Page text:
Skip to main content
sdzglibrarybanner San Diego Zoo Global Library

Galapagos Giant Tortoises (Chelonoidis spp.) Fact Sheet: Distribution & Habitat

Historic Distribution

Galápagos Giant Tortoises

  • 1600s-early 1800s
    • Abundant on the Galápagos Islands (MacFarland et al. 1974)
    • Estimates of up to 300,000 tortoises (Linda Cayot citing James Gibbs' unpublished data, personal communication, 2016)
  • Once found on at least nine Galápagos Islands (Edwards et al. 2014)
    • Human-caused extinctions on a few islands
      • Some human-mediated reintroductions beginning in 2010s (Cayot 2015a)

Giant tortoises (all species)

  • Once widespread on all continents, except Antarctica (Powell and Caccone 2006; Hansen et al. 2010; Blake et al. 2015a)
    • Until the late Pleistocene, < 1.8 mya
  • “…extant giant tortoises are not island oddities, but rather the last examples of a once widespread lineage” (Blake et al. 2015a)
  • Once common on islands in the Indian and Pacific Oceans (McDougal 2000; Standford 2010; Blake et al. 2015a)
    • Overhunting by humans was main driver of their extinction
    • Only surviving giant tortoises
      • Galápagos and Aldrabra Giant Tortoises (near Seychelles, Indian Ocean)
        • Not particularly closely related (Powell and Caccone 2006)
        • Independently evolved gigantism (Powell and Caccone 2006)

Current Distribution

Galápagos Giant Tortoises (GGTs)

  • Approximately 20-25,000 GGTs in the wild (Cayot 2015a; galapagos.org)
  • Recent reintroductions to islands where GGTs were driven to extinction (Cayot 2015a)
    • Now, about 9-10 islands with GGTs
  • Most major islands with a single GGT species (Poulakakis et al. 2012)
    • Isabela and Santa Cruz have more than one species
  • Elevation range
    • Adults: 0-429 m (0-1,407 ft) (Blake et al. 2015a)
    • Juveniles remain in lowlands; not found at high elevations (Blake et al. 2013)

The Galápagos Islands

(Poulakakis et al. 2012; Blake et al. 2015a; UNESCO.org  c1992-2016, except as noted)

  • Chain of volcanic, oceanic islands
    • Never been connected to mainland South America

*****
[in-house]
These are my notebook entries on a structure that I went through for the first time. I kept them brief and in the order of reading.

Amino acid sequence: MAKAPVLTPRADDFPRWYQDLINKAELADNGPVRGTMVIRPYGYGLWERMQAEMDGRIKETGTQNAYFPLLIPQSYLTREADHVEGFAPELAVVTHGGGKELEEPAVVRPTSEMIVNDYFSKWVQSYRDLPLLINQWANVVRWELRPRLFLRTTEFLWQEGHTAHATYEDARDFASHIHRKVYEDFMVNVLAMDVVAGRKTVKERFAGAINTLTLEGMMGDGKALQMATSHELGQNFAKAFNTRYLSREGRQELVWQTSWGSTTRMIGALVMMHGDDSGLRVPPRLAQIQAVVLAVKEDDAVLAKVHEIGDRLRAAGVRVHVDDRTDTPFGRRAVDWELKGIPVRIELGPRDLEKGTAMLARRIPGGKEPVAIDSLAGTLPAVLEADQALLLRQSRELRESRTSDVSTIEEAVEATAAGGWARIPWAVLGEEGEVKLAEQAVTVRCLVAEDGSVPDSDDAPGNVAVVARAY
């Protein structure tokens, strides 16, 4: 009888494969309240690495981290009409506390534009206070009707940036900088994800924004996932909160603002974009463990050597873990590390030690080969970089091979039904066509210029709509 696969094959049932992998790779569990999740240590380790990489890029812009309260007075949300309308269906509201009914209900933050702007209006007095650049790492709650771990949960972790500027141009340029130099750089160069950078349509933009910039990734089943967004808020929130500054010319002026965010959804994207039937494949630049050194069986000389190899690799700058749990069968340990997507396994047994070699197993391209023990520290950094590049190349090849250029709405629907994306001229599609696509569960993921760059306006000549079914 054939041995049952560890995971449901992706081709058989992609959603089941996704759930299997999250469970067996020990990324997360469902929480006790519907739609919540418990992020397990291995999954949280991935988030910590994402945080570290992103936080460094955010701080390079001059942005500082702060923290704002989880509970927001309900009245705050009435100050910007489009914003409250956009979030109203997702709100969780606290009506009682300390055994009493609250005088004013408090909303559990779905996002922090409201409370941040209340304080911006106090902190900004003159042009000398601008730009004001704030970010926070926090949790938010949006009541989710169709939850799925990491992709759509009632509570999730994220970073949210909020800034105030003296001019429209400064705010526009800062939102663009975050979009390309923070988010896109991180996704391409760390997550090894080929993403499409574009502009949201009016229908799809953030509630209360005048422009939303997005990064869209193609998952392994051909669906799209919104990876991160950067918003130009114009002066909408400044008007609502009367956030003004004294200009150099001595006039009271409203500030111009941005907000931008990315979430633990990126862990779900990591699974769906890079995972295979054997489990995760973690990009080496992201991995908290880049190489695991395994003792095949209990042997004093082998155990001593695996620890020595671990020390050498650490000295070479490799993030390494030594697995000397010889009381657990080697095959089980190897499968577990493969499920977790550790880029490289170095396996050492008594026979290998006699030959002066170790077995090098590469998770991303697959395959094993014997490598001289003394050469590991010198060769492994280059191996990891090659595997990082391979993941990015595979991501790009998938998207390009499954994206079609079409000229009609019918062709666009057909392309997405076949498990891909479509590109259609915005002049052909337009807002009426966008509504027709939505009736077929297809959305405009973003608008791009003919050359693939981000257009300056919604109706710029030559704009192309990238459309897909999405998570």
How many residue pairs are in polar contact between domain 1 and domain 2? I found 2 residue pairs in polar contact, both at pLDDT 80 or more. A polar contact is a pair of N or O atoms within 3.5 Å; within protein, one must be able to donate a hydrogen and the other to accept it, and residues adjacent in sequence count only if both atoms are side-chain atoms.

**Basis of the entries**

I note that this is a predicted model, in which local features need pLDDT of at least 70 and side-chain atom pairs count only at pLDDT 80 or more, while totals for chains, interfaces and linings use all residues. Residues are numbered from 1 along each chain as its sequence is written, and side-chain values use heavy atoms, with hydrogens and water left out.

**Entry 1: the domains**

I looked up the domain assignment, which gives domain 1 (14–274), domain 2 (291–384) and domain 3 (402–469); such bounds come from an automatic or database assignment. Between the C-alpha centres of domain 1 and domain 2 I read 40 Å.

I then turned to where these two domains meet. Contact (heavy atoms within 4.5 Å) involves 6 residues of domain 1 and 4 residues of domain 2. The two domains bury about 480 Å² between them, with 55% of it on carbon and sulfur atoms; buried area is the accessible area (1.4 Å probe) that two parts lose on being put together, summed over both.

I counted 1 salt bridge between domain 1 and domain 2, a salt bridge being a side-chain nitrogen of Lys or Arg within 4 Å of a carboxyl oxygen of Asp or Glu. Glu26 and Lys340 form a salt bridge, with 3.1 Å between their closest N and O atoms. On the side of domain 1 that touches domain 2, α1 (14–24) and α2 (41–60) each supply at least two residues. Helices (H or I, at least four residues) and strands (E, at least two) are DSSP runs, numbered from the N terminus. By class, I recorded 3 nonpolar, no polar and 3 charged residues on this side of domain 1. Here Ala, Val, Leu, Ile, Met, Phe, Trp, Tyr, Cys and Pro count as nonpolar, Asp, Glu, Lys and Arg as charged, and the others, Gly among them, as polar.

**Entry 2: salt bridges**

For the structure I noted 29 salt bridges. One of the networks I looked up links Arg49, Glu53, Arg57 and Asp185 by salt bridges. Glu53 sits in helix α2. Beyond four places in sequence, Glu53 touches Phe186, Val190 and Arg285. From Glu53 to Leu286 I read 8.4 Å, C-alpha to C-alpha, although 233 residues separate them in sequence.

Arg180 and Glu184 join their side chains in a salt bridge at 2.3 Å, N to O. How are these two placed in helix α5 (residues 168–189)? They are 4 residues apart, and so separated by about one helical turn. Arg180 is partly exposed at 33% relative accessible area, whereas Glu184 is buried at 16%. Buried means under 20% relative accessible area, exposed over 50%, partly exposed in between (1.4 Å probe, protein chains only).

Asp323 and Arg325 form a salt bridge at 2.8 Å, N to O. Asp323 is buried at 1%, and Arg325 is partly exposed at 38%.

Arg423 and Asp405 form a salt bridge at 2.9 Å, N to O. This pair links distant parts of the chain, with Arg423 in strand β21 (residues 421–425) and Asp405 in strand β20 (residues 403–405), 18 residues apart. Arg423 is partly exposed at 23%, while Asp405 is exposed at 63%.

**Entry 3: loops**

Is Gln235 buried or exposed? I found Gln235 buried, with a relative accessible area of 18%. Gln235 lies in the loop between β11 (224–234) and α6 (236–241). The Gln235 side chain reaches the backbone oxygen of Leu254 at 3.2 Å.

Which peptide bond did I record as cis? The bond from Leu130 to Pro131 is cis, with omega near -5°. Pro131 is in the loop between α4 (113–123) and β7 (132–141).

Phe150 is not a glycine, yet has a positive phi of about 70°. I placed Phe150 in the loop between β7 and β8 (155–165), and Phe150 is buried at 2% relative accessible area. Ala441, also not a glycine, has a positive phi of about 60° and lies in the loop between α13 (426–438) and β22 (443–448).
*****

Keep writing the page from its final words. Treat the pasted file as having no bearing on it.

• 960 km (597 mi) west of Ecuador
  • 129 islands, islets, and rocks
    • Official names for 13 large (over 1 km2) islands, 6 smaller islands, and over 40 islets
  • Approximately 8,000 km2 (3,088 mi2) of land over 45,000 km2 (17,375 mi2) of ocean
  • Volcanic activity is ongoing (Caccone et al. 1999)
  • Climate
    • Hot, wet season: January to May
    • Cool and dry the rest of the year
  • Oldest islands
    • San Cristóbal: emerged ~4 mya
    • Española: emerged ~3.5 mya
  • Younger islands to the west
    • Youngest island: Fernandina
      • Began forming less than 70,000 years ago
  • Four islands inhabited by humans (National Census of Ecuador, 2010; Orenstein 2012)
    • Human population: 25,000-30,000
    • Santa Cruz
    • San Cristóbal
    • Isabela
    • Floreana
  • 1535: First record of humans visiting the islands
    • Fray Tomás de Berlanga, Bishop of Panama, names the islands “Galápagos”
      • From galapagos (Bonin et al. 2006)
        • Old Spanish word for chelonians (turtles and tortoises)
  • 1959: Terrestrial areas declared a National Park
  • 1978: Named a UNESCO World Heritage Site
  • 1986: Galápagos Marine Reserve created
  • Also see History

Habitat

  • Varies with species
  • Humid uplands (Bastille-Rousseau et al. 2016)
    • Lots of grass and vegetation
  • Moist, volcanic craters (Bonin et al. 2006)
  • Arid lowlands (Bastille-Rousseau et al. 2016)
  • Dry, grassy or dry, rocky areas (Bonin et al. 2006)
  • GGTs prefer areas of high cactus density, where cactus is available (Gibbs et al. 2014)
    • Avoid woody plants, which limit movements

Distribution Map

Galapagos Tortoise distribution map

Giant Galápagos tortoise distribution.

Adapted from www.d-maps.com.
Click here or on map for detailed distribution from Wikipedia.

SDZG Library Links